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So devised expts where students from Northern or Southern states exposed to aggravation and insults. Part of test involved walking down narrow corridor where guy had to shut file drawer to let subject past, calling him 'asshole' in process. Measured cortisol levels (stress hormone) and found big difference - Northerners unaffected, Southerners spiked in anger. Then did same thing again to another batch of students, and this time confronted them with someone else coming in opposite direction, forcing them to move aside. Northerners who hadn't been insulted stepped aside when other person 6 feet away, while those who'd been insulted waited an extra foot before giving way. In the aftermath of being called an asshole, however, Southerners waited until just 3 feet from oncoming person - and since he was a 6'3" 250 pound linebacker, this was just a little hard to understand.

Ultimatum Game - even when quite large sums of money on the table - 3 months wages - people will turn down an offer of a quarter of the pot. They value fairness over immediate gain, and they would rather punish someone who treats them unfairly than accept a derisory offer. But we don't just harm people who have harmed us. We are willing to punish wrongdoers in general.

Birds and animals care about reputation as well. Weaver birds in Africa, if cannot get a mate, will join an existing pair as a helper. Not for sex - DNA shows the female weaver only mates with her partner - but apparently because if demo that good provider, others will notice and choose him next season. And figured that out because of way behave when bring food back to nest. The bigger the bit of food, the longer they hang around outside the nest, making sure they're noticed. And the fewer other birds around the nest, also the longer they hang around before delivering the pizza.

Honesty Box expt. Researcher put a variety of pics above staffroom honesty box where supposed to pay for coffee and tea. Pic of a flower people paid average 15p per drink, pic showing eyes got 42p, and mad staring eyes 70p. Speculate that eyes conveyed message 'I have seen your good deed and you'll be rewarded" or "I will punish you if you don't do what's right."

Burglars and adulterers have been known to turn family photos face down. If have to look at themselves in mirror, students less likely to cheat on test, and trick-or-treaters take less candy from an unmonitored dish if there is a mirror behind it.

Autistics have trouble understanding and interpreting eye direction and contact. Simon Baron-Cohen told story of mother of a severely autistic child who went into a room to find him pointing at a toy on a high shelf. He'd worked out that pointing at something was a good way to get it, but hadn't sorted out that you needed an audience for the trick to work.

All primates pay attention to where other members of group are looking, but human's skill bit better. If human experimenter points her face to ceiling with eyes closed, a chimp will look in the same direction, but human infant will only do so when eyes open.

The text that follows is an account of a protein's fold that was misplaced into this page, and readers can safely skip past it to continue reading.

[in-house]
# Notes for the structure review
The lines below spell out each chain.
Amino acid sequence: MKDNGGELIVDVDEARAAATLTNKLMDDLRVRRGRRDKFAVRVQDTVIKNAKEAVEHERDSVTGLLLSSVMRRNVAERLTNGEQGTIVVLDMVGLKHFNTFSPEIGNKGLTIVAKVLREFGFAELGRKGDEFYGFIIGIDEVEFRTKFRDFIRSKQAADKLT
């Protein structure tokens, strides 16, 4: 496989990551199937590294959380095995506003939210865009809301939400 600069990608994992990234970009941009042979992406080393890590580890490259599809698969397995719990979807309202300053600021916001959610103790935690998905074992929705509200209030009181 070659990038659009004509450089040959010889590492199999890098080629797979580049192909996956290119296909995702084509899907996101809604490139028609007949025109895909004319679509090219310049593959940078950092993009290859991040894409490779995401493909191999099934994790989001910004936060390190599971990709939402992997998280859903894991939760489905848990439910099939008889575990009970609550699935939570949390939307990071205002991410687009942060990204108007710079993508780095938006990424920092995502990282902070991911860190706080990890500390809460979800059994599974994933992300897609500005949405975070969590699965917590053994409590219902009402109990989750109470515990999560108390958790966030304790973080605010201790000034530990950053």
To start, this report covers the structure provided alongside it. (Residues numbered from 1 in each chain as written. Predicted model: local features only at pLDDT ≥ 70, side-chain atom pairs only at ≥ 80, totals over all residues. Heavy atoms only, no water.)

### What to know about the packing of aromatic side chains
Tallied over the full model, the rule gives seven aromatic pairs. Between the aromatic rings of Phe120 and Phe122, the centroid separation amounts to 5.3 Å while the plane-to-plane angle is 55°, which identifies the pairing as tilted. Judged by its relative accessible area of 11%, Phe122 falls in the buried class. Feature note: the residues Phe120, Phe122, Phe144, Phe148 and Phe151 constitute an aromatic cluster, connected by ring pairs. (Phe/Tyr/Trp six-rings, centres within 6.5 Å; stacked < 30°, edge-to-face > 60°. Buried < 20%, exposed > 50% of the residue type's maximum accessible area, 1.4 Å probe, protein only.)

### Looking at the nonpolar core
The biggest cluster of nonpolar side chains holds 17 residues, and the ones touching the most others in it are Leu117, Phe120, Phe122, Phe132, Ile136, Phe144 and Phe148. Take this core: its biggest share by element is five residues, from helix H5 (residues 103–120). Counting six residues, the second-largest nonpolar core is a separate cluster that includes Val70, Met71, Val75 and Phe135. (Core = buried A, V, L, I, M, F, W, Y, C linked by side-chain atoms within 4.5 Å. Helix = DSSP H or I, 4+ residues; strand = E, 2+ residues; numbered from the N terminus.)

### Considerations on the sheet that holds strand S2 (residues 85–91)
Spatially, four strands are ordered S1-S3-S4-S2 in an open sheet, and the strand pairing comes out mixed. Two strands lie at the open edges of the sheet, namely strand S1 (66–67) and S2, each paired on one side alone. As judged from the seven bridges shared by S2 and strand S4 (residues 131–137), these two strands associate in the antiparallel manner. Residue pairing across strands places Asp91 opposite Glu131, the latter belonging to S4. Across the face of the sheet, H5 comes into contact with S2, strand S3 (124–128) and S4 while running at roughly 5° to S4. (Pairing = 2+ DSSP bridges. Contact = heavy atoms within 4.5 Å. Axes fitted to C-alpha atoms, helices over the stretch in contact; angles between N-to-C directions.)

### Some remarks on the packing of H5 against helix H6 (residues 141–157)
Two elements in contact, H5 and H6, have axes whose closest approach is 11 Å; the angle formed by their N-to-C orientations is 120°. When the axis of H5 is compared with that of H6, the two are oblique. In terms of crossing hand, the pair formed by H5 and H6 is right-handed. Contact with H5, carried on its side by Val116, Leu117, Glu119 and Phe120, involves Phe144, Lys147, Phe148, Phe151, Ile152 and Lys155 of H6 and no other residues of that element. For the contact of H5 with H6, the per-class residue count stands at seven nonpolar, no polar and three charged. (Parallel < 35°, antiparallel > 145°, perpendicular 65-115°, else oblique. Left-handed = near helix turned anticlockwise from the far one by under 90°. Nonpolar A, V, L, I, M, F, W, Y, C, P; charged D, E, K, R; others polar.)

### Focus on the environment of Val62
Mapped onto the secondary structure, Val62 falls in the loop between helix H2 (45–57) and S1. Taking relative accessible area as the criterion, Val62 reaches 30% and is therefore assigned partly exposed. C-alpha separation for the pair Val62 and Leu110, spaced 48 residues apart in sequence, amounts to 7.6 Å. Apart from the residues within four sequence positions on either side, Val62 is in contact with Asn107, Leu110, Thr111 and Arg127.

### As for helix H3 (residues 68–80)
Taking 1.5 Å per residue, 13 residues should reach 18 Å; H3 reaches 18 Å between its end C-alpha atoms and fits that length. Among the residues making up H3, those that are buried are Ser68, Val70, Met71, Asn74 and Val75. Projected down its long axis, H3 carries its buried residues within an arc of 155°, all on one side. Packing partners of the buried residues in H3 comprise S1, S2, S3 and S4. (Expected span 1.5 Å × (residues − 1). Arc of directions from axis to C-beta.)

We have a negativity bias - we remember bad things more than good things that happen to us. Bad deeds far outweigh good deeds. Not only do bad deeds have more impact, it takes a huge amount of good deeds to compensate for the bad. The overall goodness of someone is determined by their worst bad deed. From the Bible (Ezekiel 3:20) "When a righteous man doth turn from his righteousness ... he shall die in his sin, and his righteousness which he hath done shall not be remembered." Or the joke that starts with guy walking round his village saying "I built that chapel, but do they call me Bill the Builder? No they don't... etc etc ..." and ends with punchline "but shag just one sheep ...."

Why are we so interested in celebrity gossip? Suggest that we regard (some of) them as part of out group, and as such, rivals for mates and status. Evidence that pay attention to celebs of same sex and similar age - Frank Sinatra stories ignored.

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Suggest that women gossip more because it's their way of fighting (to get help in winning mates or finding food).

Small communities distrust strangers because having no reputation is the same as having a bad reputation.

Two British scandals. The first was release of MP's expense claims. For a month details filled the papers, opening abusers to public condemnation and vilification. A record number chose not to stand for re-election. The second, in contrast, was the bankers cockup of risky loans which required govt bailouts of banks. But the bankers were impervious to criticism an continued to award themselves with rich bonuses. Author suggests that bankers social networks exclusively people like themselves - had no need to care what their victims thought of them.

Studies have found that it's only the people in the middle who worry about what people think of them. Those at the bottom have nowhere further to fall. Those at the top can buy their reputation if necessary, but mainly they are isolated from those who might want to criticize.

Some societies a lot more open than others. Every year Norway publishes a list of how much everybody earned and how much tax they paid. Several American states publish the earnings of public employees. Santa Fe publishes a list of the top ten water users. In Japan, where households must sort their trash into dozens of categories, rubbish bags are transparent, so your neighbours can see whether you're recycling.